Haapoja Wins a Prestigious Award for Putting Humanity on Trial
Terike Haapoja wins the ANTI Festival International Prize for Live Art
Terike won the ANTI Festival International Prize for Live Art on 29th October. The Prize underlines the importance of live art and her significant contributions to this vanguard arena of contemporary artistic expression.
The chair of jury, Eva Neklyaeva, described Haapoja's work: "At its heart her work is fascinated with how we perceive and apprehend and - perhaps more importantly - how we are perceived; how does the non-human feel our human presence – the animal, the mineral, the light and the life of the world, what is the real nature and impact of our footprint, our mark, our own signs of life. We know this one of the fundamental questions, one of the fundamental problems, of our age."
Terike Haapoja dares to challenge an entrenched social construction by stripping privileged humans of the power to parcel out the protections they demand for themselves. This lop-sided concentration of power has produced a civilization that supports brutal slaughter houses for animals, and mistreatment and genocide for un-empowered humans. Terika Haapoja is their self-declared spokewoman. Her latest art projets counter the anthropological institutions and attitudes that function like machines of targeted and willful abuse by declaring these'voiceless' beings to attain the status of political entities. Besides cattle, she has reached out to humans who are categorized as “others”: convicts, asylum seekers, children, foreigners or the mentally challenged.
Her drive for structural changes to common decision-making procedures and institutions aspires to incorporates these mute members of the planet's living populations a role in social decision-making processes.
To counter the violent logic of such political divisions, Haapoja created Party of Others in 2011. The "Statement of Principles” articulates the party’s platform. Significantly, it was formulated from a collection of interviews: “The Party of Others speaks for all those who don’t have a voice in social decision-making but who are nevertheless affected by the decisions: production animals, pets, wild animals, natural diversity as well as ecosystems such as rivers, swamps, mountains or forests.”
Haapoja launched the Party during Helsinki’s 2011 parliamentary elections, demanding inclusive representation and the values of social equality, diversity, and inter-species understanding. While the initiative raised much interest and garnered appreciable media coverage, it didn’t receive enough support to register the party officially, which required 5000 signatures. Perhaps she will try again in the future.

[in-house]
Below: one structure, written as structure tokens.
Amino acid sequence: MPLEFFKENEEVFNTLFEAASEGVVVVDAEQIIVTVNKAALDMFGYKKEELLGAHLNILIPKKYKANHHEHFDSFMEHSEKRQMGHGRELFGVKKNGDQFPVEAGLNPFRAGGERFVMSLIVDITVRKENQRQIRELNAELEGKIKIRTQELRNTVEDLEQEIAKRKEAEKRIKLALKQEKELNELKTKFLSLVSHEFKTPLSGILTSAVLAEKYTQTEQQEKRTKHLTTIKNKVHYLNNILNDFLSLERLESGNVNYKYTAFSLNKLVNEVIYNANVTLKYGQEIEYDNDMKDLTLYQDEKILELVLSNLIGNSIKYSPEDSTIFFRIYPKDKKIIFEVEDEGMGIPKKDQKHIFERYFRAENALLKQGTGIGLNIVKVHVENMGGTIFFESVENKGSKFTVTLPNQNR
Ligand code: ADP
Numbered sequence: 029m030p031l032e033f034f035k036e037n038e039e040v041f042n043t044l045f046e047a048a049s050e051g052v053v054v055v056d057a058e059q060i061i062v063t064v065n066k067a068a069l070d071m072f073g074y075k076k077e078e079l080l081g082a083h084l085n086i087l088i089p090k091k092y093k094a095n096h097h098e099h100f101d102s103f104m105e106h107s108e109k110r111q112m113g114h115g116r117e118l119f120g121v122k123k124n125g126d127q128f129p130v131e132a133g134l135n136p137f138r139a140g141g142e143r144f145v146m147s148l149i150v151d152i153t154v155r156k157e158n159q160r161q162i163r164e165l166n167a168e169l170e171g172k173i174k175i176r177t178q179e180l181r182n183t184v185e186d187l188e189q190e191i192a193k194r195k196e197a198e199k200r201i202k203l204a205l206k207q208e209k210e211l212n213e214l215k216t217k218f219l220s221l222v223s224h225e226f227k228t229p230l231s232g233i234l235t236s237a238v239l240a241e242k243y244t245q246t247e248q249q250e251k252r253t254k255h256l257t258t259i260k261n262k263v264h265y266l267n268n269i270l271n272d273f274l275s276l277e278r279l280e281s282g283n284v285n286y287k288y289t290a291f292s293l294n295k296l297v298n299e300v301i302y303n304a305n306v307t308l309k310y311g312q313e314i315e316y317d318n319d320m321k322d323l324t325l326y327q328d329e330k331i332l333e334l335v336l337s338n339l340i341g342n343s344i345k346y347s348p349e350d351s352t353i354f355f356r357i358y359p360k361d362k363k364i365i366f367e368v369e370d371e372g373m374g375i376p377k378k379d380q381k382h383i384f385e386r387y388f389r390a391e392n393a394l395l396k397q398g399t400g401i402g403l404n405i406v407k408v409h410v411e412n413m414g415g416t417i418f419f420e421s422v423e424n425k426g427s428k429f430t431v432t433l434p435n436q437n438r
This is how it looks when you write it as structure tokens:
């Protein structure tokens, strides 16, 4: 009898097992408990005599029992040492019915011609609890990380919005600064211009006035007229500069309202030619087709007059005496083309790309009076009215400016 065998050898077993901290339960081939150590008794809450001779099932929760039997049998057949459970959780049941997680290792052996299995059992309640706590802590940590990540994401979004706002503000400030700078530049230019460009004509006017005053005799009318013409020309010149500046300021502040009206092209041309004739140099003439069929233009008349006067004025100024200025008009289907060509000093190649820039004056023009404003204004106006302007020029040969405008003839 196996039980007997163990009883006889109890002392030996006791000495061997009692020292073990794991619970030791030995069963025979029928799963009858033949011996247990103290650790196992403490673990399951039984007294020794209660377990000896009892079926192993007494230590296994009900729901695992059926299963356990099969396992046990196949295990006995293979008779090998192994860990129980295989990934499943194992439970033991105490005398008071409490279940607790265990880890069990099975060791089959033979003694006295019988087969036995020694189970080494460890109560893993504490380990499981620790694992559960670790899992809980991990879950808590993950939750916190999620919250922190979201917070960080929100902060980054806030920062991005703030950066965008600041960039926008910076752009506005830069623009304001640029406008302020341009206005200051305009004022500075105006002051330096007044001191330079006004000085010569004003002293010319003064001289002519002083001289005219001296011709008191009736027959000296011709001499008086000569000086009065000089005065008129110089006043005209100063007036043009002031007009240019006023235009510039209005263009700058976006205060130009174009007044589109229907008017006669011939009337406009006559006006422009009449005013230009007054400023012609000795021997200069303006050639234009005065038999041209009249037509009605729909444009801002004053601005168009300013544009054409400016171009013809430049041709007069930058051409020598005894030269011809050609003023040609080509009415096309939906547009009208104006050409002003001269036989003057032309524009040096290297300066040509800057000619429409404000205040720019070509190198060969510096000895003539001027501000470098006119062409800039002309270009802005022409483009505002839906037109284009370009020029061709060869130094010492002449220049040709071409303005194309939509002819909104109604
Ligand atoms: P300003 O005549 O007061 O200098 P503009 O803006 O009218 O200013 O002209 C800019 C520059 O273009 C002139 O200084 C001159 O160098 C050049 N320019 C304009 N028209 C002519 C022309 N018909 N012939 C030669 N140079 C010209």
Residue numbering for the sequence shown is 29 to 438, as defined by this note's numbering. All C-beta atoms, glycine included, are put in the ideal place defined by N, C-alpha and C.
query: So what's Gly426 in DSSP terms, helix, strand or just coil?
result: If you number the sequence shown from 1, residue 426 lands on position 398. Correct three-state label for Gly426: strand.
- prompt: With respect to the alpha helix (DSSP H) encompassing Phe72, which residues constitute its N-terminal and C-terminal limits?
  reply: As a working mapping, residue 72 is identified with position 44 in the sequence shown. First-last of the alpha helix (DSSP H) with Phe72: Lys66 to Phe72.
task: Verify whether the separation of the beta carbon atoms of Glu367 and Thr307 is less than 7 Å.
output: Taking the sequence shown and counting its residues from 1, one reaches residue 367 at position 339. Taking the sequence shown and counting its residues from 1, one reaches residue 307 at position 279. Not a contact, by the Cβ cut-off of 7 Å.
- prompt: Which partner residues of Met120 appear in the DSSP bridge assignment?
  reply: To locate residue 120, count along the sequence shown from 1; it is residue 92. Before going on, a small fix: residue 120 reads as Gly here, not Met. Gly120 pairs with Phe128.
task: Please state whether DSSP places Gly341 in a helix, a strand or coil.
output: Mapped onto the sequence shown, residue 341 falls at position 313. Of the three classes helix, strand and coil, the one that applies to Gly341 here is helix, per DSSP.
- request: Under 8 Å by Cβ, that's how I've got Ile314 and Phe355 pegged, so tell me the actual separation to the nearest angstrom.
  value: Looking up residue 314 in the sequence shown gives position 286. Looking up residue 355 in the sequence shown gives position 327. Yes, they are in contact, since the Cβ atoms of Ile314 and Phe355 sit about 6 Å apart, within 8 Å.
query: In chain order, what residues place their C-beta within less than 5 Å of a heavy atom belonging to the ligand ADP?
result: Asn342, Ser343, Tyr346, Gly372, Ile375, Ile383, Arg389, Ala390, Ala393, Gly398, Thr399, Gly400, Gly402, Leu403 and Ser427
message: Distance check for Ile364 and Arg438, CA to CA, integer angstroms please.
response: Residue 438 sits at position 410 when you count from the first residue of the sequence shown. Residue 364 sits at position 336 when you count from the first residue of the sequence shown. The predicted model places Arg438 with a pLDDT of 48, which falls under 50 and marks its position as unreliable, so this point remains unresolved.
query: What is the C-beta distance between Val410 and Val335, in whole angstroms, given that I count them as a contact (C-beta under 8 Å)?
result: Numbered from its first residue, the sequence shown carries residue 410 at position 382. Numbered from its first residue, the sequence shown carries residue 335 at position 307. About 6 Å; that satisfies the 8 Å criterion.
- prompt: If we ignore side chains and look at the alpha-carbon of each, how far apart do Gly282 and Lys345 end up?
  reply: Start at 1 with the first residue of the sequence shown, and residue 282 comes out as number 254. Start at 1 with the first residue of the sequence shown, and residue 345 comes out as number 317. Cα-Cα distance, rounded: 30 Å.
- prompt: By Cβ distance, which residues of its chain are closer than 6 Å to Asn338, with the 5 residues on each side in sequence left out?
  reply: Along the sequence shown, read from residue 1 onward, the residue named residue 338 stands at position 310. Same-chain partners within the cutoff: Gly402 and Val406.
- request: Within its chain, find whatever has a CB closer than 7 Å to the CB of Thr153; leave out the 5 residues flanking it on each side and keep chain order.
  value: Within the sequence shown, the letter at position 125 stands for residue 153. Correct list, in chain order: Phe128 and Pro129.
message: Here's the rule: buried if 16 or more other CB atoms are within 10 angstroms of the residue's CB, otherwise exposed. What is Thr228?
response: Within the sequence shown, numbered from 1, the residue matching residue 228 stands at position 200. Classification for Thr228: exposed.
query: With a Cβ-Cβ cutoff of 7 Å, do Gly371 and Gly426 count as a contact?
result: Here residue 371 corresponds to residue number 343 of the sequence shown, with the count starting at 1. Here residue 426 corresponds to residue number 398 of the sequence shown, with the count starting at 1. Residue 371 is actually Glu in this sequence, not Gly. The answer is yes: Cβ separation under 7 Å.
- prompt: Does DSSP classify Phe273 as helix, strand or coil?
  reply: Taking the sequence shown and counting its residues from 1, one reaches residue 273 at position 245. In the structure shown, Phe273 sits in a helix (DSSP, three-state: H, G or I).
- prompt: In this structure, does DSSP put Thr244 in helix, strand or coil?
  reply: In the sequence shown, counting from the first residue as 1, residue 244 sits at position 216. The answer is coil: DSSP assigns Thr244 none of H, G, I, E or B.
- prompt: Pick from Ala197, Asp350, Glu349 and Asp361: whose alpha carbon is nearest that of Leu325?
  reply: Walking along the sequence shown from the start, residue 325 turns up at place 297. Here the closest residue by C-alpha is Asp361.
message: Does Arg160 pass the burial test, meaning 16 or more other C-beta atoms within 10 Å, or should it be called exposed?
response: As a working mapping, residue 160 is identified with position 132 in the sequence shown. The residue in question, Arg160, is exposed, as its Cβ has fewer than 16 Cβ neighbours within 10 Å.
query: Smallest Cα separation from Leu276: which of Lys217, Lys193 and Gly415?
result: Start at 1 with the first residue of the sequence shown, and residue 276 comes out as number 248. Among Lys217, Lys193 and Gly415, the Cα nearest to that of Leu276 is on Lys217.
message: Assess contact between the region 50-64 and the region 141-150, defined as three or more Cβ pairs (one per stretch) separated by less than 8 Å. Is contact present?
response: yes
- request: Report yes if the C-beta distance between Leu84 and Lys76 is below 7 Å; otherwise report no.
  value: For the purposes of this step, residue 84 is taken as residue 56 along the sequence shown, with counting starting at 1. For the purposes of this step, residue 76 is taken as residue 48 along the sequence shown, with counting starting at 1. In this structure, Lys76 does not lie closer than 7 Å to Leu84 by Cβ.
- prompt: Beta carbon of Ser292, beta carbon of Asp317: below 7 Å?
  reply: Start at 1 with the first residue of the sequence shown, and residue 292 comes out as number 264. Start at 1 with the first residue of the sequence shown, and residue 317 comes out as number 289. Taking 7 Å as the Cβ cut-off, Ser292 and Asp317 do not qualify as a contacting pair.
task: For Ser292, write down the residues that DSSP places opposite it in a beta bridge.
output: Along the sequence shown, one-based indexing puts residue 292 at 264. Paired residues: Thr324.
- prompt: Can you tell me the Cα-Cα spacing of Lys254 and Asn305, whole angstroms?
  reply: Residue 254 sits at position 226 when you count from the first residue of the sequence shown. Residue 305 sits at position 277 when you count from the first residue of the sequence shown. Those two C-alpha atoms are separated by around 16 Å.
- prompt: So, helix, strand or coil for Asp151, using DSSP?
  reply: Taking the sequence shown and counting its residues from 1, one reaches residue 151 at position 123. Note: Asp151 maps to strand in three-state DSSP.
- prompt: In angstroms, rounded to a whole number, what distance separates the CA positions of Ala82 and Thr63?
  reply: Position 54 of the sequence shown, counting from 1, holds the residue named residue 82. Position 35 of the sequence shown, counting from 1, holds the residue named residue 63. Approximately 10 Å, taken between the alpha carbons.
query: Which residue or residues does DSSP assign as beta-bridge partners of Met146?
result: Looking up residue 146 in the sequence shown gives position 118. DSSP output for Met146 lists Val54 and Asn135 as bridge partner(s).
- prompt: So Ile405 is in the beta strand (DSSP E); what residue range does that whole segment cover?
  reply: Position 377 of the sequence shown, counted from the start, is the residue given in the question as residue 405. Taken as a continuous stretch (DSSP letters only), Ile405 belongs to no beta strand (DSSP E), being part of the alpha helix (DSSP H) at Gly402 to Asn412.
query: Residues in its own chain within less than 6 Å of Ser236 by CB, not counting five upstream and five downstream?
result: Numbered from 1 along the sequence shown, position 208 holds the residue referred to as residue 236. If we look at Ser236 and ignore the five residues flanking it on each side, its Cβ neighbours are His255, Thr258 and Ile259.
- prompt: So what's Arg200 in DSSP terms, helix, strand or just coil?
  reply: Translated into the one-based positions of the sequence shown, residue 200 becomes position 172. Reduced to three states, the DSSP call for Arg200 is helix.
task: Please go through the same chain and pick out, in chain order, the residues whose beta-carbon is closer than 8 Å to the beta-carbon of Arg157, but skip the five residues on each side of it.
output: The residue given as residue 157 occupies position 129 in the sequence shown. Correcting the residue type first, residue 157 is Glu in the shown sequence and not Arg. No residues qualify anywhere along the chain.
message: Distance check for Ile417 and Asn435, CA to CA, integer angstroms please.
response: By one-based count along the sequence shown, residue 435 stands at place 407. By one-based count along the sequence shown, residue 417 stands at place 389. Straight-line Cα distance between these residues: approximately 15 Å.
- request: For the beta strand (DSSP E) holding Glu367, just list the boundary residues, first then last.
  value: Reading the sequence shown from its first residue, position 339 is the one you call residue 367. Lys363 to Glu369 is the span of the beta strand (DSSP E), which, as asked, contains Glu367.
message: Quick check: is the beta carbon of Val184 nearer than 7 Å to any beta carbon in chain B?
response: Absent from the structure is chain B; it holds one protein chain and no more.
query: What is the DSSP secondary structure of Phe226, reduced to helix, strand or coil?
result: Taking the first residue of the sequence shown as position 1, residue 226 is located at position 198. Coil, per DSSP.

T.J. Demos’s recent essay explores this art initative in which fundamental assumptions are scrutinized according to ethics that are alien to them. It is entitled Animal Cosmopolitics: The Art of Terike Haapoja in the Center for Creative Ecologies. In it he describes Haapoja’s devotion to bringing a ‘biocentric’ legal system into operation that is divorced from the interests of corportions, the military, and the financial institutions.
The Trial, 2014, is part of an ongoing project entitled History of Others (by Haapoja and the writer Laura Gustafsson). In this work they established an imaginary judicial system that grants animals the legal standing to punish those responsible for their victimization.
Demos included the following description of the criminal court case that Haapoja devised as an art project. Here is the trext:
“State versus Perho hunters,” a group of fifteen people from Western Finland were recently put on public trial for killing wolves. After pleading their case, unsuccessfully, the jury sentenced them to imprisonment for a fixed period of at least eight years—a lucky verdict, as they narrowly escaped receiving life imprisonment for murder. During the testimony and cross-examination of the defendants, the jury heard extensive debate about whether the loss of life was justified, as the defendants claimed they were merely protecting the community’s children and livestock and maintaining public safety. Ultimately the jury favored the prosecution’s narrative predicated on the rights of the animals to be protected from unnecessary harm. The judges were asked to give their verdict on the perpetrators’ punishment. If found guilty, the options were as follows: life imprisonment for three “murders,” if the destruction of life was premeditated, cruel, or dangerous; imprisonment for at least eight years for the “slaughter” of three wolves; or imprisonment for four-to-ten years for the three “killings” under mitigating circumstances. The judges are also asked to decide whether or not compensations should be given to the Perho wolf pack.